Nature's Way

A winemaking family embraces earth-friendly gardening at their Sonoma vineyard
KATHLEEN N. BRENZEL

The scent of lavender and sage fills the air as Bob Benziger leads the way through drifts of perennials. "Stay still and this place vibrates. It's alive," he says. Sure enough, bees are zipping around California poppies and Russian sage, and the warm summer air hums with a high-pitched buzz. Hummingbirds, too, dart among the flowers in a blur of beating wings.

All this vibrant motion comes naturally in an insectary garden, the engine that drives diversity in Benziger Sonoma Mountain vineyards in Glen Ellen, California. These birds and bees help ensure the health and productivity of the Cabernet Sauvignon, Merlot, Sauvignon Blanc, and other Bordeaux grapes whose vines embroider the hills with neat rows of green.

"Every plant blooms at a certain time and attracts a pollinator we need at that time," explains Bob, one of seven siblings who manage the estate. Of the property's 85 acres, 42 are planted in wine grapes. The remaining grounds include olives, citrus, and vegetables as well as woodlands, wetlands, and the insectary garden. Each of these habitats is tended as carefully as the vineyards because the family believes that maintaining diversity of plants and other organisms is key to a self-sustaining ecosystem.

 

 

"We've created an environmental safe house that allows the vines to spread out and develop their own personalities," explains Mike, the winemaker and Bob's older brother. Mike and his wife, Mary, discovered the sprawling, sunbaked old ranch in 1980, bought it, then set out to find a "different way to farm." He credits horticulturist Alan York with introducing him to an environmentally responsible land-management system called biodynamics, which is winning acceptance among winemakers and home gardeners alike.

"Our goal is to produce wines that reflect the land and those who farm it," says Mike. After tasting Tribute, a smooth, dark ruby Bordeaux blend with a rich berry flavor, I'm convinced they're well on their way. Released last June, it's the first certified biodynamic wine produced from Napa and Sonoma Counties.

But for the Benziger clan, all two dozen of them, the biggest reward is working the vineyard together, doing what they love. As Mike puts it, "The closer you are to the land, the more passionate you become [about its stewardship]."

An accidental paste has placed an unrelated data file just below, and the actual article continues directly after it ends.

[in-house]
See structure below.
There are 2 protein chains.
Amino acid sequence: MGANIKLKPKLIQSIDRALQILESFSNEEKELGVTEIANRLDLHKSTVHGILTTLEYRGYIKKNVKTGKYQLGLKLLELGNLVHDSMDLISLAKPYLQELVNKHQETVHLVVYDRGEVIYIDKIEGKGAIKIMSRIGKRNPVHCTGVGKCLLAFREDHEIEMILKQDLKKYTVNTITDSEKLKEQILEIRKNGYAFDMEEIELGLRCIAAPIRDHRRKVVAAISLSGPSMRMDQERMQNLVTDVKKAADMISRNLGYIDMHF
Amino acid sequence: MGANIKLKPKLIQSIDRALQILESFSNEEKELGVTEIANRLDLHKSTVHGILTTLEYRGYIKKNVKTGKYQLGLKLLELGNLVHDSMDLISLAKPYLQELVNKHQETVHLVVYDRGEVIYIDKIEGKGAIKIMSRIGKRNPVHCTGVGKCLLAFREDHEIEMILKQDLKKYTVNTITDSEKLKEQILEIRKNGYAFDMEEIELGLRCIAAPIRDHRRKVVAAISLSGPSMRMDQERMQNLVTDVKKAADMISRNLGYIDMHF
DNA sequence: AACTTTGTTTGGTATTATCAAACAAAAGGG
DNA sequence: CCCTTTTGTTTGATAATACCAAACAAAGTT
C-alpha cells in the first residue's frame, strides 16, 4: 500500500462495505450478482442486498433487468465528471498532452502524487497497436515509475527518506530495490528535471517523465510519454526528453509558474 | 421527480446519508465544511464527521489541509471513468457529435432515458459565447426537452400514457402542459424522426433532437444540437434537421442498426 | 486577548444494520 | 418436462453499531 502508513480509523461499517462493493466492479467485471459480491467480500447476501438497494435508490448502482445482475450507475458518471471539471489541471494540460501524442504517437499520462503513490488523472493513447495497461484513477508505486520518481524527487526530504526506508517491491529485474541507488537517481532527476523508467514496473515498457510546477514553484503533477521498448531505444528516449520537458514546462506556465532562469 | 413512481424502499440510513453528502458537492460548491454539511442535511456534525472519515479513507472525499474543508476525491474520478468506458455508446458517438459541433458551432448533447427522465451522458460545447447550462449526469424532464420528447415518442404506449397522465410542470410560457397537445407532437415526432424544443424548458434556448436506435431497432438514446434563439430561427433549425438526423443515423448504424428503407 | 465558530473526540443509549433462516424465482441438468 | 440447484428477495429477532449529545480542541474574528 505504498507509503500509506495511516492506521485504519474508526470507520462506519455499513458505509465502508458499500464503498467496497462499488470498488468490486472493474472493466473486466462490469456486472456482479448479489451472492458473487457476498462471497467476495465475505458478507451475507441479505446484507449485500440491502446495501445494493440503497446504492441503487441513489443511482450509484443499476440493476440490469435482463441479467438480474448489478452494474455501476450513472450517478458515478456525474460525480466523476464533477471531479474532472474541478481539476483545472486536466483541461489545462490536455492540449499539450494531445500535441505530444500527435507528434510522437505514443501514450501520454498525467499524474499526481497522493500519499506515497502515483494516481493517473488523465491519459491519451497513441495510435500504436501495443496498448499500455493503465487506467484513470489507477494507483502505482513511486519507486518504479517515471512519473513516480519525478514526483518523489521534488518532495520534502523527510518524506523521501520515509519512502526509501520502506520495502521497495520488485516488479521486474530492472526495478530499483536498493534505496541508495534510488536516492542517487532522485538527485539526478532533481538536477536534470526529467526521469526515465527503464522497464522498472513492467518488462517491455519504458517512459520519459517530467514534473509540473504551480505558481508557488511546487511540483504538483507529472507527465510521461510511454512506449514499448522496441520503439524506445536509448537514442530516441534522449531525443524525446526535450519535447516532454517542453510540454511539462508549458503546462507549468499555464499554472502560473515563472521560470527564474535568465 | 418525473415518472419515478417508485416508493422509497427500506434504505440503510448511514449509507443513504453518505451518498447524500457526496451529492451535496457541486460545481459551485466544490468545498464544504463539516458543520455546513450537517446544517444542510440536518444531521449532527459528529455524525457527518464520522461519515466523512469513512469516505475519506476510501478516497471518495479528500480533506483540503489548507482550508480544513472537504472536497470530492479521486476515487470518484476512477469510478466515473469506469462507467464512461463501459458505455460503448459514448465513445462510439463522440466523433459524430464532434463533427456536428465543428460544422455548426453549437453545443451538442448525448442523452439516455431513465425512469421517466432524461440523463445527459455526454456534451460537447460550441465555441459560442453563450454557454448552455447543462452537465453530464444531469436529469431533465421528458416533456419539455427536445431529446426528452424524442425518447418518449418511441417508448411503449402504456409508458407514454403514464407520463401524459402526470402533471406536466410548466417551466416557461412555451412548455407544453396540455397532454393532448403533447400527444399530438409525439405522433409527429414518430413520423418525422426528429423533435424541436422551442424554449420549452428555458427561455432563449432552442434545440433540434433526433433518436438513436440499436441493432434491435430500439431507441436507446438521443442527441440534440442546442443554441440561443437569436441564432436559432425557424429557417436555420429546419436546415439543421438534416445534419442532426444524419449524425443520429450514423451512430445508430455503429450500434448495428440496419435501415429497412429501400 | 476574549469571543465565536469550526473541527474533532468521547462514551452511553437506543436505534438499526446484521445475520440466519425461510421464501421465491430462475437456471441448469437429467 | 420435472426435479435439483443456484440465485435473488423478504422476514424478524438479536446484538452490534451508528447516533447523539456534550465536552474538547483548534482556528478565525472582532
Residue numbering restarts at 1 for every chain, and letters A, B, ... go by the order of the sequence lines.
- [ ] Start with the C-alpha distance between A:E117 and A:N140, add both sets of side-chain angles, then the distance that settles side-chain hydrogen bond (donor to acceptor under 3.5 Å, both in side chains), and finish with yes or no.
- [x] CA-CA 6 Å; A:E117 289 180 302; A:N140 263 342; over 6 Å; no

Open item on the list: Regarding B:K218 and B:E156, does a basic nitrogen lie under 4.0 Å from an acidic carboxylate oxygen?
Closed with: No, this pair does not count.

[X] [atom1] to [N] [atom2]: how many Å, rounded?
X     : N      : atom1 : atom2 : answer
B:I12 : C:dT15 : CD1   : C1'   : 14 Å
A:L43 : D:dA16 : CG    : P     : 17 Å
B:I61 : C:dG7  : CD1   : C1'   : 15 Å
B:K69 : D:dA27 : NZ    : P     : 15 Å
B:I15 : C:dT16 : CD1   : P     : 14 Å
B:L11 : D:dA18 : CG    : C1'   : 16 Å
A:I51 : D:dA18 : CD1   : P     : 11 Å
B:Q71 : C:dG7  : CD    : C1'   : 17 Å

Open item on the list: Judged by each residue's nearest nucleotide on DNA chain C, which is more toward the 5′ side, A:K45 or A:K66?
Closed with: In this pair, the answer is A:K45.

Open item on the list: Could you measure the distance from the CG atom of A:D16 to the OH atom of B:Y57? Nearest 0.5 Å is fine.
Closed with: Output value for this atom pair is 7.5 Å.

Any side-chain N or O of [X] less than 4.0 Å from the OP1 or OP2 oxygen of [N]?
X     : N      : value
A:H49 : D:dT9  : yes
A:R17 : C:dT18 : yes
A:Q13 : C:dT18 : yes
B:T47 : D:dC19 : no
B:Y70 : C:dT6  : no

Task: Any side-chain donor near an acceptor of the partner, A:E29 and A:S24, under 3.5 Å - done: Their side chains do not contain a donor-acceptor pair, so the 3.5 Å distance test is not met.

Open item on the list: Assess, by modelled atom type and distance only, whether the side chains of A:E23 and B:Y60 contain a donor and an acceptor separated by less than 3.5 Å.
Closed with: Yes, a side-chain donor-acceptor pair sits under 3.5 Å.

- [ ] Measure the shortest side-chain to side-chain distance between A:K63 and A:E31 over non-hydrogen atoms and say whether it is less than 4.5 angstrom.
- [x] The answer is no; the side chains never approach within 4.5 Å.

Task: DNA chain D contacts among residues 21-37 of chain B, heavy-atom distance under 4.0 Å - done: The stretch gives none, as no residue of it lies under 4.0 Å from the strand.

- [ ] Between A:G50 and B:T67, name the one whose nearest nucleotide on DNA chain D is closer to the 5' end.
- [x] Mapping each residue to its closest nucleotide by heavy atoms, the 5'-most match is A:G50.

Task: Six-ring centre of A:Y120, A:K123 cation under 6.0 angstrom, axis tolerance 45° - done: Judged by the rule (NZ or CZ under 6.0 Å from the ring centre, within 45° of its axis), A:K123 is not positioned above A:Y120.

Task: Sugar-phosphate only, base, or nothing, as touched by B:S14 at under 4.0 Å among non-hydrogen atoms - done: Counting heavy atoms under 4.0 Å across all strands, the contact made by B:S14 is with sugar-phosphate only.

INFO: Benziger Family Winery (1883 London Ranch Rd., Glen Ellen; www.benziger.com/tribute or 888/490-2739 is open 10-5 daily.

 

 

Biodynamics at a glance

"Biodynamics is the highest form of organic farming," says Mike Benziger. Like permaculture and sustainable agriculture, it emphasizes a self-sustaining ecosystem in which conditions are right for plants to practically take care of themselves. It also enhances the health of the surrounding landscape, which in turn promotes natural disease protection for the vines and contributes to wine quality. At Benziger vineyards, the goal of biodynamics is to produce wines with a sense of place. Home gardeners can ease maintenance chores by following some of its practices.

Attract pollinators. Many native and Mediterranean plants attract pollinators, including butterflies and hummingbirds. More to try: autumn sage, butterfly weed, California poppy, catmint, English lavender, Gaura lindheimeri, and Mexican hat.

Use natural controls. The Benzigers use no chemical fertilizers, pesticides, or herbicides, but rely instead on natural controls. They use compost and cover crops like crimson clover and mustard to replenish the soil. They rotate crops to keep diseases in check, and control weeds by cultivation and other mechanical means.

Recycle water and waste. Runoff from irrigation and rain is recycled through a series of ponds and wetlands that naturally cleanse it for reuse in vineyards and landscaping. All organic waste is composted, then reapplied to the soil after harvest.

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